If 11 September 2001 is the date when the world changed, then 14 August 2002 might be the day when a new order began in US business.
That is the day when the Securities and Exchange Commission (SEC), the administrative body and watchdog that oversees US stock markets, began forcing the chief executives of nearly 1,000 big American companies to sign a document that, only a few years ago, they would have refused to even look at: when they present their latest financial figures, they must not only swear a personal oath that the figures are comprehensive, accurate and in no way misleading, but they must also attest that the figures they have already presented to Wall Street in recent financial filings are “materially truthful and complete”.
To many observers, it may not seem too draconian for a CEO to sign such a legal document. But buried in a heap of proposed changes are some important details that will have at least some CEOs lying awake at night.
These amount to one thing: company officers of public company’s will have to sign a pledge that nothing that might be “important to a reasonable investor” has been left out of a filing. And if they don’t do so, they could, in the words of one lawyer, “go to jail and owe lots of money.”
Morever, the new rules state that is not even enough to bring all the information to the attention of the investing public. Such information must now be disclosed at the earliest opportunity, and it must be discussed in the up front “management discussion and analysis” section of corporate reports. (Enron disclosed off-balance sheet liabilities in subsidiary filings and footnotes.)
Another new element is that executives must make it their job to know about, and disclose, all operational issues that might ultimately be of relevance to investors. It will not be enough just to be up-to-speed with the accounts.
All of this has put the wind up corporate America, with many executives saying that President Bush, who is behind many of the changes, has gone too far and that talented individuals will steer away from taking executive posts at public companies. Some are comparing it to the McCarthy period or the Salem witch trials.
The government, however, believes that corporate accounting is now a political issue. Certainly, by any historical standards of corporate governance, this is an unprecedented step that regulators, even many Democrats, would once have found both unnecessary and unacceptable. In fact, just four years ago, in 1998, US executives easily fought off an attempt by the SEC to get them to sign a similar declaration when they filed each new earnings report.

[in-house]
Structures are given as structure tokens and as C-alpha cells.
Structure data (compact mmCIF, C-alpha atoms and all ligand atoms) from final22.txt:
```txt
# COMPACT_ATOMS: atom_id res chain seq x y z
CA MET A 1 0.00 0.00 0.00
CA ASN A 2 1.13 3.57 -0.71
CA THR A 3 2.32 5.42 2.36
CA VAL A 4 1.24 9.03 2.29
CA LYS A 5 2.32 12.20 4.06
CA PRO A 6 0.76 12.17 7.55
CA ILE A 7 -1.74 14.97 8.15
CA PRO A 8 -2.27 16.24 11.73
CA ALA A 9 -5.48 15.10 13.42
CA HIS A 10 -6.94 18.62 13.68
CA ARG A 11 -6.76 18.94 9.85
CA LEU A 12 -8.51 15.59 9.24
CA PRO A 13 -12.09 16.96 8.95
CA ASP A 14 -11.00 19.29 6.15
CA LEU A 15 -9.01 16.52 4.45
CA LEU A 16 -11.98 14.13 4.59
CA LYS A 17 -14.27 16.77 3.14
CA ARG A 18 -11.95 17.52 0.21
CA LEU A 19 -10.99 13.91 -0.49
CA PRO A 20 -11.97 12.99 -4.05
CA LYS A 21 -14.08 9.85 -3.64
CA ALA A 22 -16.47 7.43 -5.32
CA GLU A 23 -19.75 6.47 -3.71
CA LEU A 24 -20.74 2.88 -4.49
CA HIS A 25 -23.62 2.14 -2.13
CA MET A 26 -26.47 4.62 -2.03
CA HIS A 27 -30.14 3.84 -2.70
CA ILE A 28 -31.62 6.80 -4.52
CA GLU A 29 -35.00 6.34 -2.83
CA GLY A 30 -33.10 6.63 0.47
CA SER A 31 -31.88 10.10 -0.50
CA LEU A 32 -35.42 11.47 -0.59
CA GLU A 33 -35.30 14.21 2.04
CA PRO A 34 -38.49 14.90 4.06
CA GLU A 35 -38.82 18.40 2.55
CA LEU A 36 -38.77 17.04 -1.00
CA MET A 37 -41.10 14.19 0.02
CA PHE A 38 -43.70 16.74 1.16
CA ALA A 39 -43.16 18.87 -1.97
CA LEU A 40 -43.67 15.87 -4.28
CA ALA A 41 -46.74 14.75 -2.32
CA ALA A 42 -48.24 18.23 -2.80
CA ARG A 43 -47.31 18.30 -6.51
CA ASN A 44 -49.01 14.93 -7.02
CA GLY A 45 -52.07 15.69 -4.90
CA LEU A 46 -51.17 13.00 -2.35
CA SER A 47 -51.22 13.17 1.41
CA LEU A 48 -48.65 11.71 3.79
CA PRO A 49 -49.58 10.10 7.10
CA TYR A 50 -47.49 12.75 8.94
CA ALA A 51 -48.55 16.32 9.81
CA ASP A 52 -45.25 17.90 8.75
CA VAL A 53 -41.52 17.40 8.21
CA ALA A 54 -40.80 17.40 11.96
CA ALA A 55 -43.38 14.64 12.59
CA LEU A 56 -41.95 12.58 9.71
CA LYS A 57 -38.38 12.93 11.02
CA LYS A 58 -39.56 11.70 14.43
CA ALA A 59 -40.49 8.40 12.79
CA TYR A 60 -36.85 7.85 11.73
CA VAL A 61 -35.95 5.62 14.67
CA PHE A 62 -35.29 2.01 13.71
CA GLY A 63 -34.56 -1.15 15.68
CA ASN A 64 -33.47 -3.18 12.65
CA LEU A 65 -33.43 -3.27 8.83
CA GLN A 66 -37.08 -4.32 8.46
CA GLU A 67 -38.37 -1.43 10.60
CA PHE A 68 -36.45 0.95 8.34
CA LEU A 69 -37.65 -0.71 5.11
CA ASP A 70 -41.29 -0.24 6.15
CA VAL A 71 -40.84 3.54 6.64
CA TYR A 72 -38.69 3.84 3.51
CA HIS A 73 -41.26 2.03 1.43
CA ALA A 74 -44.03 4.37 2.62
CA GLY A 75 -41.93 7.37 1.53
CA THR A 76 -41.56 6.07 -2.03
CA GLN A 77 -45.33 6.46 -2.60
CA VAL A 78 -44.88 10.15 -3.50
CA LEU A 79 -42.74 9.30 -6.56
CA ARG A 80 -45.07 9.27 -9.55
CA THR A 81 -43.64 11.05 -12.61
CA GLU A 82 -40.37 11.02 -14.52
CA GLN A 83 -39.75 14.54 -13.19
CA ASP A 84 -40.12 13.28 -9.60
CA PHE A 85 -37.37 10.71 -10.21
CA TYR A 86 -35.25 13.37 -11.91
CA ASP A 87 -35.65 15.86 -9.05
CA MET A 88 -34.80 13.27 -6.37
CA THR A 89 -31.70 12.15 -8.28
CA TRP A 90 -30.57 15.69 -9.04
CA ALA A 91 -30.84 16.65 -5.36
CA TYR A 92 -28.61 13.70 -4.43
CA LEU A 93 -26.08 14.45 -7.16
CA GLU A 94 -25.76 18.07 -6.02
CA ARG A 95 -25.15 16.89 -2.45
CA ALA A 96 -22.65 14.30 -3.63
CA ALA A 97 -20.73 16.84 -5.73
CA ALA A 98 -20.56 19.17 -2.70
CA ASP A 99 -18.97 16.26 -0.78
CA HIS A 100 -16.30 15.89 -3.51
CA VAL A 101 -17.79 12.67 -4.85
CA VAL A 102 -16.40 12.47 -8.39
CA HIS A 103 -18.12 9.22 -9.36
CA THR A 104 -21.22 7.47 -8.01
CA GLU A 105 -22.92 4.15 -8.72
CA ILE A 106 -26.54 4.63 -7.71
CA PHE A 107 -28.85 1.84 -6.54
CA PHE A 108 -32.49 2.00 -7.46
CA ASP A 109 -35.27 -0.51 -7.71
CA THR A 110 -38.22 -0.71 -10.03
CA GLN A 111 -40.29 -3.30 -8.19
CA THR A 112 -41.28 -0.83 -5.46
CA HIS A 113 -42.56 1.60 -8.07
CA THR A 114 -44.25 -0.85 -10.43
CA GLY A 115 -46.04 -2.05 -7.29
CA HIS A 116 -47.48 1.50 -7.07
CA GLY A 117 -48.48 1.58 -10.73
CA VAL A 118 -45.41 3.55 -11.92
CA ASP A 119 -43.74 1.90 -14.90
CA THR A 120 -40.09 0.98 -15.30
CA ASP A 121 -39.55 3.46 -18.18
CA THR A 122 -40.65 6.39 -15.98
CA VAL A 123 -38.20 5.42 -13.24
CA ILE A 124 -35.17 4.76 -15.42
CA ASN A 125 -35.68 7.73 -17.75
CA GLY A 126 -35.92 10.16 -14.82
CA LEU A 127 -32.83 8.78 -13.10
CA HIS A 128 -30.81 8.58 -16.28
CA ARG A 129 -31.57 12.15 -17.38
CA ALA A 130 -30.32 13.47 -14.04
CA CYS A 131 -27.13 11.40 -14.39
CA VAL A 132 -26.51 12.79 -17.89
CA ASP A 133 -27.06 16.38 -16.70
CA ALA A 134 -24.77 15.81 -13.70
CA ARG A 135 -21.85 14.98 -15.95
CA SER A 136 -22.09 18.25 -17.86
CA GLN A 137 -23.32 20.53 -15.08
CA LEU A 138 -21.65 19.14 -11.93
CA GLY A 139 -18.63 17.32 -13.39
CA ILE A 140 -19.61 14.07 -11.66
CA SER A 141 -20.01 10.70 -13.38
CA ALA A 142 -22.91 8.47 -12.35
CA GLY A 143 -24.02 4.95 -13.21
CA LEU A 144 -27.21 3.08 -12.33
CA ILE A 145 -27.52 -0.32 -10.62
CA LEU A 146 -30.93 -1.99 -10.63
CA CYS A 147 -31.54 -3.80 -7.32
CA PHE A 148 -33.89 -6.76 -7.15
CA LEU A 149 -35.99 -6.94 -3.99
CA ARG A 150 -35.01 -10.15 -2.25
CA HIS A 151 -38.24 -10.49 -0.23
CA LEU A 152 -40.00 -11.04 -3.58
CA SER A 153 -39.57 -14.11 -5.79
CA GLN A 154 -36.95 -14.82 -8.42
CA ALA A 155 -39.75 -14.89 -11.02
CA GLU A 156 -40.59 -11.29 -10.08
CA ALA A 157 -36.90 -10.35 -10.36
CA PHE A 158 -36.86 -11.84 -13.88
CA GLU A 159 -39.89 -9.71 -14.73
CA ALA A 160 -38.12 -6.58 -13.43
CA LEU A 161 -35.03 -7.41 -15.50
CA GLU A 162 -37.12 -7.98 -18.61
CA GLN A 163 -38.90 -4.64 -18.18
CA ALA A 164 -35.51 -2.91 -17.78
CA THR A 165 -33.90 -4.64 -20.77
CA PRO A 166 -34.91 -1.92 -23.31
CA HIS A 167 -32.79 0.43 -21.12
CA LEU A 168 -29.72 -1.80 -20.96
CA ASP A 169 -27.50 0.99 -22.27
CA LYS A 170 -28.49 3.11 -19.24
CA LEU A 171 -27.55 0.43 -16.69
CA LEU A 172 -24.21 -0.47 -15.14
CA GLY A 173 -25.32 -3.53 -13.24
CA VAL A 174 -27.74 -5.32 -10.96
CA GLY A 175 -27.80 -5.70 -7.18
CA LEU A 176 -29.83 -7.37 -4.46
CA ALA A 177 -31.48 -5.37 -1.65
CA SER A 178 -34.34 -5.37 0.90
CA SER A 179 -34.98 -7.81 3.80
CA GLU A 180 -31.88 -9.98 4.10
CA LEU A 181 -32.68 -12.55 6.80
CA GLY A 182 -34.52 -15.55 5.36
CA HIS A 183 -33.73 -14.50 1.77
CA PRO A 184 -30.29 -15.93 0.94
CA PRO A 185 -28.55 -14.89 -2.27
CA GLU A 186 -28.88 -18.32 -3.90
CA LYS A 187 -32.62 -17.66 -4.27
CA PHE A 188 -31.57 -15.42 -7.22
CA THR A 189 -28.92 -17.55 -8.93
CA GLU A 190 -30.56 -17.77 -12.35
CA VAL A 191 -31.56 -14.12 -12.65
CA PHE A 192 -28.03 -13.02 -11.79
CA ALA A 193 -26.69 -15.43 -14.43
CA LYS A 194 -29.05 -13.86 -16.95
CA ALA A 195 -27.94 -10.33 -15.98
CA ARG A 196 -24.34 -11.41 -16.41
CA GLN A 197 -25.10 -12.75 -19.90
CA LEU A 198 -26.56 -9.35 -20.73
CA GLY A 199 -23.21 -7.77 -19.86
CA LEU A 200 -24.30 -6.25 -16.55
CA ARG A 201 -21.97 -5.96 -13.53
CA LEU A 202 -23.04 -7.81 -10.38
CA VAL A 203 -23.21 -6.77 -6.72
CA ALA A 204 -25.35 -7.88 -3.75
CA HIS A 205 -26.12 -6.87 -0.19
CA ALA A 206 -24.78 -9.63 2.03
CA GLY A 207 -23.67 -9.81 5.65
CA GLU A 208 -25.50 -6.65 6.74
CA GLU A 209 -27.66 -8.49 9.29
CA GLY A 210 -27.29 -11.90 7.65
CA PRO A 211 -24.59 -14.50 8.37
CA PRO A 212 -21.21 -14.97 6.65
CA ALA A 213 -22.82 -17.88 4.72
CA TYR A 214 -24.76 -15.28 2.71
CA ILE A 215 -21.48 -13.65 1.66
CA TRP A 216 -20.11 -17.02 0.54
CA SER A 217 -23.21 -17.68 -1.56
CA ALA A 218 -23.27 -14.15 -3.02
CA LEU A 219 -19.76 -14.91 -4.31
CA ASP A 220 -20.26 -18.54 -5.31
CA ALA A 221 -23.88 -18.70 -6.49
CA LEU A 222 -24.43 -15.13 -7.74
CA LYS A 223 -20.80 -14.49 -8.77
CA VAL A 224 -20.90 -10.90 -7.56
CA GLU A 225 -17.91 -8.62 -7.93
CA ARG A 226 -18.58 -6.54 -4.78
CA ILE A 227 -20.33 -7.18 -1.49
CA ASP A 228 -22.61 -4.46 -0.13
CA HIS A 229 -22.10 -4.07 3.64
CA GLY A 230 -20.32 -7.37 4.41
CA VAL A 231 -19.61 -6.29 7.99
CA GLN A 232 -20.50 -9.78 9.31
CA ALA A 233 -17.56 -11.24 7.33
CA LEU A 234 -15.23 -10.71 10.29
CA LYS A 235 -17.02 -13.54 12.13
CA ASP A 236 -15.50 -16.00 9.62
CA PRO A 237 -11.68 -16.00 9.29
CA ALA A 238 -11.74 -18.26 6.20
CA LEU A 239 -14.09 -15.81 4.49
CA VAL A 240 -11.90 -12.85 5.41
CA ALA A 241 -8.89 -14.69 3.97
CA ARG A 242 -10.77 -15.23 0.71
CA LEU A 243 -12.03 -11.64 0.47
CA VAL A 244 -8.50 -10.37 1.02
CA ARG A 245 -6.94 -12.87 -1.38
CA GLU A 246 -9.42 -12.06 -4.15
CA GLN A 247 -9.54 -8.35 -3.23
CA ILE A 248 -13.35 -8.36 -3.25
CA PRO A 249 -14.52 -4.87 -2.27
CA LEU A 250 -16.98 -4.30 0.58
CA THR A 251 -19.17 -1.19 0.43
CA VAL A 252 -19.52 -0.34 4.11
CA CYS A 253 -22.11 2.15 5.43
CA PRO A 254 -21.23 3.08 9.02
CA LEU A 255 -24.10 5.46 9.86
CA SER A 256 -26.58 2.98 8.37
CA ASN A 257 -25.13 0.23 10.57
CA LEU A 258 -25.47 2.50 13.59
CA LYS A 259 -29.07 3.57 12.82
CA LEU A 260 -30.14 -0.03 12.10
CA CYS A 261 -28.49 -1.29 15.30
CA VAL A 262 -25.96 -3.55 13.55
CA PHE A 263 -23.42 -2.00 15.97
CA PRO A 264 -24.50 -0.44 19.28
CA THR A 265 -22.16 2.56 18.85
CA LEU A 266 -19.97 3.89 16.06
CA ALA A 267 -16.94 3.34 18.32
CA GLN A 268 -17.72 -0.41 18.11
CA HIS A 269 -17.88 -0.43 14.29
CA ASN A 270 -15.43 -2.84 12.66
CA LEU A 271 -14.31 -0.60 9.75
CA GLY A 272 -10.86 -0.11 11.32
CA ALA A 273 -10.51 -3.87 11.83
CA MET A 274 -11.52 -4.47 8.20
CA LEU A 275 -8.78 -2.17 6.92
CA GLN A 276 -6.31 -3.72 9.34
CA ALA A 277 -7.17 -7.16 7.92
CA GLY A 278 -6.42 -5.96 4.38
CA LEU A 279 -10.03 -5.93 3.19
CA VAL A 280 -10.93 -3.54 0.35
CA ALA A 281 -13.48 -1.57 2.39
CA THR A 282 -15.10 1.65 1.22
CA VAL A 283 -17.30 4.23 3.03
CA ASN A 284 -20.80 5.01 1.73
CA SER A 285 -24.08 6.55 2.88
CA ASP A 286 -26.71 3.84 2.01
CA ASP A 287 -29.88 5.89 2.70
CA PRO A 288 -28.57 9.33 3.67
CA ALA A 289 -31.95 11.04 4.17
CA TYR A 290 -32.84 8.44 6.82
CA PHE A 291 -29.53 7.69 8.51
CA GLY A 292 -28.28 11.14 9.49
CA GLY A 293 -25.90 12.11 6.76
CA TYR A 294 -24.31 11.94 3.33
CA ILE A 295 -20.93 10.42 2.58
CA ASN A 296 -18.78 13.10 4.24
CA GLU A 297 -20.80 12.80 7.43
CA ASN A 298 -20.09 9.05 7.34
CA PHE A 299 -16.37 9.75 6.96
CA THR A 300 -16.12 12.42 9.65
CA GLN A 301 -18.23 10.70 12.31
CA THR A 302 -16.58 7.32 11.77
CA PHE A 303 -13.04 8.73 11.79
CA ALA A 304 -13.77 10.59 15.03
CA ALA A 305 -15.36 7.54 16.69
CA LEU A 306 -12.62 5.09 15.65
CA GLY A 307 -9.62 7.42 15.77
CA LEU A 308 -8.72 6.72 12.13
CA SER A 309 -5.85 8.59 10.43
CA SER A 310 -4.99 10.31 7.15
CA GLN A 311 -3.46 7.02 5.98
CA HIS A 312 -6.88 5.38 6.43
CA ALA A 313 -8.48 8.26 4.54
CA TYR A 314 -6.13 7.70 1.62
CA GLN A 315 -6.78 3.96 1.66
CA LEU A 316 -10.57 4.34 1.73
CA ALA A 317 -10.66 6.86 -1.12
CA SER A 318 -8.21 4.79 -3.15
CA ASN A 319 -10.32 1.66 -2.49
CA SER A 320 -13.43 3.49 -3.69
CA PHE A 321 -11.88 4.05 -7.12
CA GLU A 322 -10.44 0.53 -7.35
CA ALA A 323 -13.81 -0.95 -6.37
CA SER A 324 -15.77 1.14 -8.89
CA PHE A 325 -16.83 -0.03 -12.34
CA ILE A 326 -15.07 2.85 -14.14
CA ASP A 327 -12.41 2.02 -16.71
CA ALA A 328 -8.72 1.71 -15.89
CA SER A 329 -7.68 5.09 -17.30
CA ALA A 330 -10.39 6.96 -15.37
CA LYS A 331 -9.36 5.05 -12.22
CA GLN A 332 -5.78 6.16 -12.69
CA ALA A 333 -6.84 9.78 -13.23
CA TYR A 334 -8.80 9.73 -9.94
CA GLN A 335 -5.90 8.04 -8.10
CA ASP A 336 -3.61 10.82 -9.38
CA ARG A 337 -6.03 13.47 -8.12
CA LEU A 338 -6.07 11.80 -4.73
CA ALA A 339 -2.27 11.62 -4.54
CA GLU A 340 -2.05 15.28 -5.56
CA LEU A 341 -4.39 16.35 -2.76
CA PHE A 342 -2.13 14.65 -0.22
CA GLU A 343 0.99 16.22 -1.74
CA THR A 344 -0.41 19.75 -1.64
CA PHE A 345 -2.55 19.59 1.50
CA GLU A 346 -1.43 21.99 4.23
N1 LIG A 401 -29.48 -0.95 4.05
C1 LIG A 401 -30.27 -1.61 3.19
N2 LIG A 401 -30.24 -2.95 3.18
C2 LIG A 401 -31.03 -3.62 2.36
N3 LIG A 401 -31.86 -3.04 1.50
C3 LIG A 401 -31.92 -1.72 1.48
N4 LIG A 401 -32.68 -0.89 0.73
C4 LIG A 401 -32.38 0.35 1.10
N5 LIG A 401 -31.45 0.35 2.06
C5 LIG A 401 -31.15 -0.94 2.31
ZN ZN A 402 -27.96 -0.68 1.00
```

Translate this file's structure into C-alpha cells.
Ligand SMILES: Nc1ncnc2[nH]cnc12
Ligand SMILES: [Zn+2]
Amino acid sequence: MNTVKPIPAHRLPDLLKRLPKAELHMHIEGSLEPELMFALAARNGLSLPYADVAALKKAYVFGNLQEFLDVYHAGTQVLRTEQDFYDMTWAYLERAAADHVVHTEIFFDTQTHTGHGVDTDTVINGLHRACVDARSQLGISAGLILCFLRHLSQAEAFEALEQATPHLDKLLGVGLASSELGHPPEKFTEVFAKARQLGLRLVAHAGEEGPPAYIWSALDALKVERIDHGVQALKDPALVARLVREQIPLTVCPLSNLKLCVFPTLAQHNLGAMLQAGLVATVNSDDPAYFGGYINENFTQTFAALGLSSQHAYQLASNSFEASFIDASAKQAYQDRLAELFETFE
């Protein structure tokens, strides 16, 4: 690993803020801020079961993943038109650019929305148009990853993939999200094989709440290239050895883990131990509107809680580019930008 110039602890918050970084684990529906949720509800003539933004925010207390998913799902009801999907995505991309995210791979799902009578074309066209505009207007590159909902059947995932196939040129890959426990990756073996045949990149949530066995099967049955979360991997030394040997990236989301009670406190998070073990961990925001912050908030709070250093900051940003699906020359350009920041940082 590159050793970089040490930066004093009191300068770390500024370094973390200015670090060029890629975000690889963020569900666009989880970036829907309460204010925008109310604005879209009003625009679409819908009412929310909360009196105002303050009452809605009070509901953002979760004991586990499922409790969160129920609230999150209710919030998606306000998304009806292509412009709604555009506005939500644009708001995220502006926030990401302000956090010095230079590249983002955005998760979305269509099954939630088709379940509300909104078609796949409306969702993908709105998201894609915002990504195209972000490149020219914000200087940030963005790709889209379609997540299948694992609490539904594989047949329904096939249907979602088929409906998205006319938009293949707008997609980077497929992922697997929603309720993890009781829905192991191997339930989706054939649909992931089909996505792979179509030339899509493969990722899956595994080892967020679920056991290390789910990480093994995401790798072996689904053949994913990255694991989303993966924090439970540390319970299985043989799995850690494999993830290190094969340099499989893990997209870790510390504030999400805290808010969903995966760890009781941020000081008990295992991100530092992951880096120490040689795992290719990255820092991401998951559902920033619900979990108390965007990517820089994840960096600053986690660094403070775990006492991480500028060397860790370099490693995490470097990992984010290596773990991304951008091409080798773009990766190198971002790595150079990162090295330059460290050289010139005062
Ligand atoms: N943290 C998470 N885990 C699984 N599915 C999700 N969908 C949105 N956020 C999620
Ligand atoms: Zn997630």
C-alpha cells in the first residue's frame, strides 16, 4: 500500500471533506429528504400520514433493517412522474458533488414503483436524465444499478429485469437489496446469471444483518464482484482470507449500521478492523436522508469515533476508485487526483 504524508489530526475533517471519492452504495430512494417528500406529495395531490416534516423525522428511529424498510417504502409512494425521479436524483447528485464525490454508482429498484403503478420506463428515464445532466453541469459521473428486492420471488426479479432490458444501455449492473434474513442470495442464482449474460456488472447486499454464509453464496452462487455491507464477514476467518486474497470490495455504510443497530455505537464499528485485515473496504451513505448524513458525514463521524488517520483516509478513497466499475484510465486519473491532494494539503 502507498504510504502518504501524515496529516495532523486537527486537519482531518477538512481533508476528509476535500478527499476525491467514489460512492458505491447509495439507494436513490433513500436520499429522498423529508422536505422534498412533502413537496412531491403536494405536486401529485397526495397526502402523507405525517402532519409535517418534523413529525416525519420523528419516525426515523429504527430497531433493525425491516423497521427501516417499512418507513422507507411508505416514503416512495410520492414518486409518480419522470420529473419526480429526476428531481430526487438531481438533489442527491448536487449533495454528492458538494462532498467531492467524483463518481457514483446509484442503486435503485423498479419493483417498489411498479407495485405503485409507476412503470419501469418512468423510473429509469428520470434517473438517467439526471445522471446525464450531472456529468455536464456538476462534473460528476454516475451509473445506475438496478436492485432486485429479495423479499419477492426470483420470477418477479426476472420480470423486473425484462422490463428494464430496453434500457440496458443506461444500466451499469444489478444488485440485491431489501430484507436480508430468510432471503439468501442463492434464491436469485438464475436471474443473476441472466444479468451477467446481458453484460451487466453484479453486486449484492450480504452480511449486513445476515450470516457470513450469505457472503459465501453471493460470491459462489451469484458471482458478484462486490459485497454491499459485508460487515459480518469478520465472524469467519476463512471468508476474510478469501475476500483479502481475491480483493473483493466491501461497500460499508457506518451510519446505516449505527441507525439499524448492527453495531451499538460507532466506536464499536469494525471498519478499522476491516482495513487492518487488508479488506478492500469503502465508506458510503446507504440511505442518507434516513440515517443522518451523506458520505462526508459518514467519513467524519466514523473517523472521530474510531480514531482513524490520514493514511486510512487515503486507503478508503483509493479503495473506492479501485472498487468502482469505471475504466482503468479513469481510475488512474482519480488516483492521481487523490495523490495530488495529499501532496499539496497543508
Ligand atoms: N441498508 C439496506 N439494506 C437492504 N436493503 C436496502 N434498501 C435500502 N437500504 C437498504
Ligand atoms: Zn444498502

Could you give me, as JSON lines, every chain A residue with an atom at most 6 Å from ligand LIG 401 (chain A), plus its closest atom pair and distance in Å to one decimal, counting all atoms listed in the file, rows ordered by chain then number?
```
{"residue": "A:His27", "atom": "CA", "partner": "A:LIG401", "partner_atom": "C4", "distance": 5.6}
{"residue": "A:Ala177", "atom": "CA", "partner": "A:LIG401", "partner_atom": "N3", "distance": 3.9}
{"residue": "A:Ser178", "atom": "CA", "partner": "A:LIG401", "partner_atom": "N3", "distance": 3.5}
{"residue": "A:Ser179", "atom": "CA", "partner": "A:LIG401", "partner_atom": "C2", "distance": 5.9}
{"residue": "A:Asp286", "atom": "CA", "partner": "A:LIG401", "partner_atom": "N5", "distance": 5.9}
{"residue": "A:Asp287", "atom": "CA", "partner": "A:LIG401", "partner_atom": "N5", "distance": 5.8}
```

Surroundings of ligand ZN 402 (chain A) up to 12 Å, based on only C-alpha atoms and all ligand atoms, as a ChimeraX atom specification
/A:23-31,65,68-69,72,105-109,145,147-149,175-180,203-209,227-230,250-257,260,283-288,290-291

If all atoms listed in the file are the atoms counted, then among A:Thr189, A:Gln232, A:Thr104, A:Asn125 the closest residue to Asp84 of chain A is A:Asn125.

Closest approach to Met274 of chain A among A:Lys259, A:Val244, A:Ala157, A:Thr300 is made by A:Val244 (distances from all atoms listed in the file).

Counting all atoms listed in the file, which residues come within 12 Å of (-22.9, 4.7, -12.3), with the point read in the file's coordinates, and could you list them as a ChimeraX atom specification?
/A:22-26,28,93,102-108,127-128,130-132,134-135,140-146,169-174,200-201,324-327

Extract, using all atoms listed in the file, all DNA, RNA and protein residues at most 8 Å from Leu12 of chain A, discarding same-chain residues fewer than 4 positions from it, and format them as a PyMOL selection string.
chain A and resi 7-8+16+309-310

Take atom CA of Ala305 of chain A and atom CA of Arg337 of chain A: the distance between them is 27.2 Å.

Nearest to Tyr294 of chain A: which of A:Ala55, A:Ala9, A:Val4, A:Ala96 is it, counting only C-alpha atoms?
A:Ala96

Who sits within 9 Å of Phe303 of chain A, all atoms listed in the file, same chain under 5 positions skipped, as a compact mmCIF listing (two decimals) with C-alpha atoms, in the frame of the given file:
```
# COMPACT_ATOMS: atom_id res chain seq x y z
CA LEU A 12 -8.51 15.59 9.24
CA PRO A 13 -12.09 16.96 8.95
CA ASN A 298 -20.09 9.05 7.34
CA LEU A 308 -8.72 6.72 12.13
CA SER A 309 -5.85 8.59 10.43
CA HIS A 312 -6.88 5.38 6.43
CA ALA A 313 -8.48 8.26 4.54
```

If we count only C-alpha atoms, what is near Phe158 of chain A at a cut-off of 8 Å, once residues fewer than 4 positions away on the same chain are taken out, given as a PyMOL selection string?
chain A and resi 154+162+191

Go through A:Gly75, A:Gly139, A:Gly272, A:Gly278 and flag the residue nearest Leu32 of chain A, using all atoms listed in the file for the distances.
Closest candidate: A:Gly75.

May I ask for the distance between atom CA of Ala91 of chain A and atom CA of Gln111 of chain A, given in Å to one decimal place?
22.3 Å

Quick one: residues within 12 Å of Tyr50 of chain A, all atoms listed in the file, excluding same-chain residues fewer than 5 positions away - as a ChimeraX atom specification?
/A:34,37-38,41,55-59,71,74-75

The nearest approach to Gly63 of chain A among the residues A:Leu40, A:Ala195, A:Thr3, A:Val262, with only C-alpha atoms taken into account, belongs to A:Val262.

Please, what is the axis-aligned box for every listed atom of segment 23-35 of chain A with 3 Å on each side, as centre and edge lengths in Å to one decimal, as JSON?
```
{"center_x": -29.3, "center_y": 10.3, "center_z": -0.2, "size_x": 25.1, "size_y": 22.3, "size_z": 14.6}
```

The technology industry is particularly concerned, with many executives saying that it is now been unfairly scrutinised. For every guilty company, such as WorldCom, Global Crossing and Peregrine Systems, there have been an equal number of companies that have been investigated but found not guilty of wrongdoing, such as IBM, Microsoft and Computer Associates.
During the 1990s, dozens of technology companies faced a raft of expensive ‘class action’ lawsuits alleging that they had misled investors. These lawsuits will not only become more common, say experts, but executives will often be personally liable. Lawyers acting for investors will now seek redress from the companies themselves and from executives, directors and officers of insurance underwriters, investment banks and auditors.
Philip Lay, managing director of the Chasm Group, an advisor to high-tech companies, is one of those who thinks that the US government has overreacted. “Public company management could turn into a legal-liability nightmare for executives,” he says, “each of whom will run the risk of going to jail at the first signs of an accounting slip. This type of exaggerated reaction may well drive precious talent away from corporate leadership.”
Investment banks, already doing their best to adjust to some tough new regulations, are also concerned. They fear that, even if the markets recover, non-US companies will avoid listing on Nasdaq because of personal liability; and that more entrepreneurs will sell their companies rather than subject themselves to the rigours of corporate office.